The Allotment Guide to Rosé wines
Rosé has become a really popular choice during the summer months, establishing itself as a seasonal staple in recent years.
And this is borne out by the numbers with the market share of rosé doubling between 2016 and 2020, according to Drinks Ireland's Wine 2020 Market Report.
For those new to the world of rosé wines, here's a very a brief guide. In addition to shedding light on the winemaking process of rosé (including whether it is a blend of red and white grapes and whether it is always sweet), I've also put together a selection of exquisite rosés for you to explore.
What are the main components of rosé wine?
Rosé wine is crafted using dark-skinned grape varieties, with the color derived from the skins of the grapes. It is common to blend different grape varieties in rosé production, and popular choices include Pinot Noir, Grenache, and Syrah.
How is it produced?
The traditional method employed is known as maceration. The fermentation process for rosé starts similarly to that of red wine, but the grape skins are removed after a shorter duration. Merely a few hours can suffice to achieve the desired salmon pink hue, as well as delicate fruit aromas and flavours in rosé wines.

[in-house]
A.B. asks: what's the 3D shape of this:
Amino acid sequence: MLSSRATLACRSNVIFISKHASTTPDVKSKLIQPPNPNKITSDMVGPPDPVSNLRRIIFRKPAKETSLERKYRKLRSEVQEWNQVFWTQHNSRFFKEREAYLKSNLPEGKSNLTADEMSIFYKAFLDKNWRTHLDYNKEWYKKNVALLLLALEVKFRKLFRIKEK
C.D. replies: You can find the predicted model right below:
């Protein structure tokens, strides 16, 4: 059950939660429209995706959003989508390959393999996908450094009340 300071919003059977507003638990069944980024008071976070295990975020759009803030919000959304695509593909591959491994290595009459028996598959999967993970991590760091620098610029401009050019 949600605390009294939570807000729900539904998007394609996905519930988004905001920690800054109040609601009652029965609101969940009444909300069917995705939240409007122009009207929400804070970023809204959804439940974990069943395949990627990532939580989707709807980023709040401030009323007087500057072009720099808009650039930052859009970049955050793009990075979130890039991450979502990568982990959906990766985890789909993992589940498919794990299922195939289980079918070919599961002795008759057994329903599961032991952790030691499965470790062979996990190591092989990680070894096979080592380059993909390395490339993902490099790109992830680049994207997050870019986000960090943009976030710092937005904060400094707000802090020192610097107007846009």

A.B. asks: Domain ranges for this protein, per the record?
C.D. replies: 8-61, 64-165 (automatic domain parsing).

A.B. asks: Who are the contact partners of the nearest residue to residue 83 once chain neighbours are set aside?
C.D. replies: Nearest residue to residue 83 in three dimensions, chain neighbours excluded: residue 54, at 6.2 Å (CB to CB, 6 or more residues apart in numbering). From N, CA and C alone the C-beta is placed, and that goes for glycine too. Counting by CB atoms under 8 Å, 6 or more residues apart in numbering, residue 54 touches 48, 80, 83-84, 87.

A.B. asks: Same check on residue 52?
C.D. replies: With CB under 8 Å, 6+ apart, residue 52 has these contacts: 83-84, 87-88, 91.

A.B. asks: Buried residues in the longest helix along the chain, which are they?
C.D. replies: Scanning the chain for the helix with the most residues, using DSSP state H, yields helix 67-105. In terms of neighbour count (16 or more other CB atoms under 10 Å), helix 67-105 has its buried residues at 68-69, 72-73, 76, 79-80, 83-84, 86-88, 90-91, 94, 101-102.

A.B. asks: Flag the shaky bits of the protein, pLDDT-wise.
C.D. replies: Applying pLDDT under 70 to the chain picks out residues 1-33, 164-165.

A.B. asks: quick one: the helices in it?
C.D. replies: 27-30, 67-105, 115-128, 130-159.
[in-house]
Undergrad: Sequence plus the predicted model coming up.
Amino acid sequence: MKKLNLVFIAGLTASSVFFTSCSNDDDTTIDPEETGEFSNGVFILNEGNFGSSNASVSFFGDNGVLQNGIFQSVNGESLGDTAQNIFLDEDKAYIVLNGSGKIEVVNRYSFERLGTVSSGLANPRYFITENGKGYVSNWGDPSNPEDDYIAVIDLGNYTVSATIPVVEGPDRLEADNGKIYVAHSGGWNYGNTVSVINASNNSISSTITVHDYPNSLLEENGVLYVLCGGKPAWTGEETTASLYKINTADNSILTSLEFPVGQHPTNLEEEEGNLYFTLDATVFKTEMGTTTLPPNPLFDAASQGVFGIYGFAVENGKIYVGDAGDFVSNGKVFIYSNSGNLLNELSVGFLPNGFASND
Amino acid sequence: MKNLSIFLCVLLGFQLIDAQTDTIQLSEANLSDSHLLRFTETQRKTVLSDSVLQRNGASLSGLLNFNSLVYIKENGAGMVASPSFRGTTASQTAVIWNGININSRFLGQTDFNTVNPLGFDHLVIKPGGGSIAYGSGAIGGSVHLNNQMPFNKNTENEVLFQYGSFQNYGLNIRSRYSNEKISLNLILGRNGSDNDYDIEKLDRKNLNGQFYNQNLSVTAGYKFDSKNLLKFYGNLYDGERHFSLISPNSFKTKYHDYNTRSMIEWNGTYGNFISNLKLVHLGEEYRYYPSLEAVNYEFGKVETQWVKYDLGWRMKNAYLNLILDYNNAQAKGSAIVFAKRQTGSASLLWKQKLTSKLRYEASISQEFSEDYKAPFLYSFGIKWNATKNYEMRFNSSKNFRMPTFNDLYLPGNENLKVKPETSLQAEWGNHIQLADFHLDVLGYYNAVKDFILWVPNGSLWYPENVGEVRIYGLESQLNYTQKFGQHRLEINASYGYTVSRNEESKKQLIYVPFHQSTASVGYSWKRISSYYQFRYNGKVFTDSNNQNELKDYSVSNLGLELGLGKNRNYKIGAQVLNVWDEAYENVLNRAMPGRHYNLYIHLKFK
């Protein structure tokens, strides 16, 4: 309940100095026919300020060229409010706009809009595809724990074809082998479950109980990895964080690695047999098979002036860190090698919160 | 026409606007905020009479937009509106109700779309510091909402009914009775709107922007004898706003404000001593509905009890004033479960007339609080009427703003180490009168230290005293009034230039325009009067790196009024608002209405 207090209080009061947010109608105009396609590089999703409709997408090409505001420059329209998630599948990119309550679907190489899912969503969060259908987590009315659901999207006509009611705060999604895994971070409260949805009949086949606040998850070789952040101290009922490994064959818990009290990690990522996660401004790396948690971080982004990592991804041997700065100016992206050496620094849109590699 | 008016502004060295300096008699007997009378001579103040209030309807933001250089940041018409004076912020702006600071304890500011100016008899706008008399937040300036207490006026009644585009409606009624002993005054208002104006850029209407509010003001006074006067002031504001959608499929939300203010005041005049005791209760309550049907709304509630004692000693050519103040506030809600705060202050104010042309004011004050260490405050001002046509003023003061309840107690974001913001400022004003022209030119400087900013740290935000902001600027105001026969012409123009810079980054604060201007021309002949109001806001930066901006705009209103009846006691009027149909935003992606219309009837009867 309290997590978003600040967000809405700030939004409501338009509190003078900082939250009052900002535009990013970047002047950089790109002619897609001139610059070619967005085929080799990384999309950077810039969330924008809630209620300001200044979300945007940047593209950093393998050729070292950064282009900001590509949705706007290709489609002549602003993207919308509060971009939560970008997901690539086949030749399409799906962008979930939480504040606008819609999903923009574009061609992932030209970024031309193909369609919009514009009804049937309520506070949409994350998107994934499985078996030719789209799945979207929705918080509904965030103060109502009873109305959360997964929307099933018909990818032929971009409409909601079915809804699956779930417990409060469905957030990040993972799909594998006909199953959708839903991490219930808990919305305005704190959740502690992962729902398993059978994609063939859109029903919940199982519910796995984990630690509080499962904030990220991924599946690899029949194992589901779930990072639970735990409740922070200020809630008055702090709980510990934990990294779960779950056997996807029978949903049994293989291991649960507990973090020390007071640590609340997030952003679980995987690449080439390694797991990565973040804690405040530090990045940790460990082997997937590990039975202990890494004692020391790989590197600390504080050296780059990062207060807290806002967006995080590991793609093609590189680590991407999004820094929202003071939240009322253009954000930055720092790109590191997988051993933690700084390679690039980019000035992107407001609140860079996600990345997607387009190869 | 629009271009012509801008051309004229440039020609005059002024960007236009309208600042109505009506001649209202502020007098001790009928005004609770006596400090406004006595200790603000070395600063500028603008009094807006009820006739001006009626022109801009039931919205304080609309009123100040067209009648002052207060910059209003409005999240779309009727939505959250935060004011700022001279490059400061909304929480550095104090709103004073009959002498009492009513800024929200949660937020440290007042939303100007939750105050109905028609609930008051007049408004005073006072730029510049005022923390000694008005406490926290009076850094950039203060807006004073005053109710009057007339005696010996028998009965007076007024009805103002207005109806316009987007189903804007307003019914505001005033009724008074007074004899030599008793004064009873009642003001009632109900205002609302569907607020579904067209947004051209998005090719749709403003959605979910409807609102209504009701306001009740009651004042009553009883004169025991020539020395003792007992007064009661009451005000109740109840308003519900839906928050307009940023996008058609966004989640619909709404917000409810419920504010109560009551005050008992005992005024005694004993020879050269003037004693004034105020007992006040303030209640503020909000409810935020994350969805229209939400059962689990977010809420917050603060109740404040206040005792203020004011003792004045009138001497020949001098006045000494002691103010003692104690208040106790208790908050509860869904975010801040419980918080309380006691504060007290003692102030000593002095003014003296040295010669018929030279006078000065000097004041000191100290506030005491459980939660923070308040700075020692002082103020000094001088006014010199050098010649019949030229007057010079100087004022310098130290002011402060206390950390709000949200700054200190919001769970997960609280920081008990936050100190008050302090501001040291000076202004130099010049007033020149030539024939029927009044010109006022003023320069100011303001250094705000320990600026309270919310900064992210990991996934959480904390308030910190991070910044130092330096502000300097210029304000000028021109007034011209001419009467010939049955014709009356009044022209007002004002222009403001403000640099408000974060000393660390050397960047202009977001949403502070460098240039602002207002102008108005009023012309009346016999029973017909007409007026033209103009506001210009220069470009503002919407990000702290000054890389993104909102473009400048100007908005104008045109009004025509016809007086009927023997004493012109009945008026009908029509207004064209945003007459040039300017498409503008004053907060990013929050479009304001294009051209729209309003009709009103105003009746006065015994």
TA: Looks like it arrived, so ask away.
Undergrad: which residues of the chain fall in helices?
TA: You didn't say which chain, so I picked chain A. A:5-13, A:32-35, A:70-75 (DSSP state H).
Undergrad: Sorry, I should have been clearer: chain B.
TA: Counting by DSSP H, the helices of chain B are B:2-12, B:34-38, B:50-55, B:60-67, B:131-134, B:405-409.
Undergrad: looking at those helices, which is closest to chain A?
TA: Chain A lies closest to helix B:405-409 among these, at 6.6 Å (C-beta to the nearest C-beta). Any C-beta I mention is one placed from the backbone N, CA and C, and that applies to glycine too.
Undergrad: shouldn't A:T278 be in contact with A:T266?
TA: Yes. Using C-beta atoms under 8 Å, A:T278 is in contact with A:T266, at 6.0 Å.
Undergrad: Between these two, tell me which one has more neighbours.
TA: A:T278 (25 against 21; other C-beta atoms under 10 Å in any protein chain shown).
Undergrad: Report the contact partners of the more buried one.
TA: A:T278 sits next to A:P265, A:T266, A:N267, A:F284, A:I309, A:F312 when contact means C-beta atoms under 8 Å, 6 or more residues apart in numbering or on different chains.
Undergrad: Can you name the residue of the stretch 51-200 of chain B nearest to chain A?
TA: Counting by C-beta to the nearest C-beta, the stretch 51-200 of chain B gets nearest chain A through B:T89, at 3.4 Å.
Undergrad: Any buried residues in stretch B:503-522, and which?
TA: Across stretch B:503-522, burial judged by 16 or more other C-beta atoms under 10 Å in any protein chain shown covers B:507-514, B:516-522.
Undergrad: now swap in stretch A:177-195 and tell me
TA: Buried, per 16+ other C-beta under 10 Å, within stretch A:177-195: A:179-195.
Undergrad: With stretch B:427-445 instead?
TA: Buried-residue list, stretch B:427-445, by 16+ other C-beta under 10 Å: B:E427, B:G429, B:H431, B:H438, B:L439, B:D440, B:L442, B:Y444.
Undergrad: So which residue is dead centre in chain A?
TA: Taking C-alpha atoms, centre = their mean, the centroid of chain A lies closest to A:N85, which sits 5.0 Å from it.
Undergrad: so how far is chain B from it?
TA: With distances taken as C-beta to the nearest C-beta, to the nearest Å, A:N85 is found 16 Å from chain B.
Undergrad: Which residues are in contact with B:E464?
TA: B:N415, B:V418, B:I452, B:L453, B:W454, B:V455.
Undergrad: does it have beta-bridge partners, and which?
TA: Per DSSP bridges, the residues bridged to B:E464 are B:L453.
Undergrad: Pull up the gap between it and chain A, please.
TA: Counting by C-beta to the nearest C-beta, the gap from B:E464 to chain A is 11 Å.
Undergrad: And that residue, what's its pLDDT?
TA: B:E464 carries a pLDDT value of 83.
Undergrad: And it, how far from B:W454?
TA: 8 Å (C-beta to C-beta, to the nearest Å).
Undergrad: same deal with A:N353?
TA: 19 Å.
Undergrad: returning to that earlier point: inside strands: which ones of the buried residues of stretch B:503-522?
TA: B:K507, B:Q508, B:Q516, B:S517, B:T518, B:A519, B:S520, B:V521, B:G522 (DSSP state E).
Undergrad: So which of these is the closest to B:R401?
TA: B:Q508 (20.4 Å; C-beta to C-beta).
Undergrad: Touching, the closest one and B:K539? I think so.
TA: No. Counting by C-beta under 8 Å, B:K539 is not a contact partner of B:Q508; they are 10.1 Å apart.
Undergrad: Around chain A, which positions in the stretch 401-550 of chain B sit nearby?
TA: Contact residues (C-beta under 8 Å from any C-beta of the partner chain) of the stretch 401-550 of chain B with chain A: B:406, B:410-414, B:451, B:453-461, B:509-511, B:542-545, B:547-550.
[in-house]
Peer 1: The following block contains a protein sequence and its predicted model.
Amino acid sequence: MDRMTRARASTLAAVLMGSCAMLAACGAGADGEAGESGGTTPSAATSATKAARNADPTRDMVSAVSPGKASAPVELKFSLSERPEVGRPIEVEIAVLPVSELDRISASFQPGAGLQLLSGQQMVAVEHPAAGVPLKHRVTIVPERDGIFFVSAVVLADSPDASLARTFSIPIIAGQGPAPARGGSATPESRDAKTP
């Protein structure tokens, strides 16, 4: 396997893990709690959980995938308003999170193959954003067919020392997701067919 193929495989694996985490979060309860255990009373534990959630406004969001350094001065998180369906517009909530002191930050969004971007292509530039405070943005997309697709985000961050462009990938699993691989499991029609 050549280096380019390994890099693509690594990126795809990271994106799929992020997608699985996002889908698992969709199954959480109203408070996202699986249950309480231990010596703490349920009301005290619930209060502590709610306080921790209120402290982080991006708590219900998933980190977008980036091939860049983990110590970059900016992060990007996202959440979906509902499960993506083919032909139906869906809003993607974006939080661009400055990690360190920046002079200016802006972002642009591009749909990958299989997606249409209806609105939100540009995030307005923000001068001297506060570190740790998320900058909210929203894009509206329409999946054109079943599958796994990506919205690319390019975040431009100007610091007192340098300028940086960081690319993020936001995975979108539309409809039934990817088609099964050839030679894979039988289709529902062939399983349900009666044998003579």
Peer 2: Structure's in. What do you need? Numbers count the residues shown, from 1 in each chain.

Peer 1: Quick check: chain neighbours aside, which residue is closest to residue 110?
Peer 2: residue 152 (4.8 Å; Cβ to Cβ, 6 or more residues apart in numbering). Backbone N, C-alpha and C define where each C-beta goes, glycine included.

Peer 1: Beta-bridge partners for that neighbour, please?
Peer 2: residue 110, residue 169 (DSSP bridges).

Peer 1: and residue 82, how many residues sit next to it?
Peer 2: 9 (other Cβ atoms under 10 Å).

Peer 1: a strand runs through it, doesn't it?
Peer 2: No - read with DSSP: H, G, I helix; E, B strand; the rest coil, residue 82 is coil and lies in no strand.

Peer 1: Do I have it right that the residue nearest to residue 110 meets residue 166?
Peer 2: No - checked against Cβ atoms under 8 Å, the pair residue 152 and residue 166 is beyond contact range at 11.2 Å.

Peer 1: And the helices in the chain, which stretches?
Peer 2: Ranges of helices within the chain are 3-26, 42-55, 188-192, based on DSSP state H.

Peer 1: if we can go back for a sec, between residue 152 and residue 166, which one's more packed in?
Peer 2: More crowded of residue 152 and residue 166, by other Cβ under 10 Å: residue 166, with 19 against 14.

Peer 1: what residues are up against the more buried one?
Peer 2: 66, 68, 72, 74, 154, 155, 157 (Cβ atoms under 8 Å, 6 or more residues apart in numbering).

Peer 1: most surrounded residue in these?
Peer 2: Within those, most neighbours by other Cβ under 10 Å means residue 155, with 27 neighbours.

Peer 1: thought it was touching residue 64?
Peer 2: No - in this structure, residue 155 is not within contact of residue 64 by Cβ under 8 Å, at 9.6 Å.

Do all rosés have the same color?
No, the world of rosé wine encompasses a diverse spectrum of shades, ranging from the faintest salmon pink to richer orange tones. The color primarily depends on the duration of contact between the wine and the grape skins.
Where are the finest rosés created?
While quality rosé wines can be found worldwide, from Italy to America, the wine is particularly associated with the picturesque region of Provence in southern France.
Can rosés be paired with food?
Absolutely! A well-selected rosé complements all sorts of dishes such as salads, grilled vegetables, and seafood.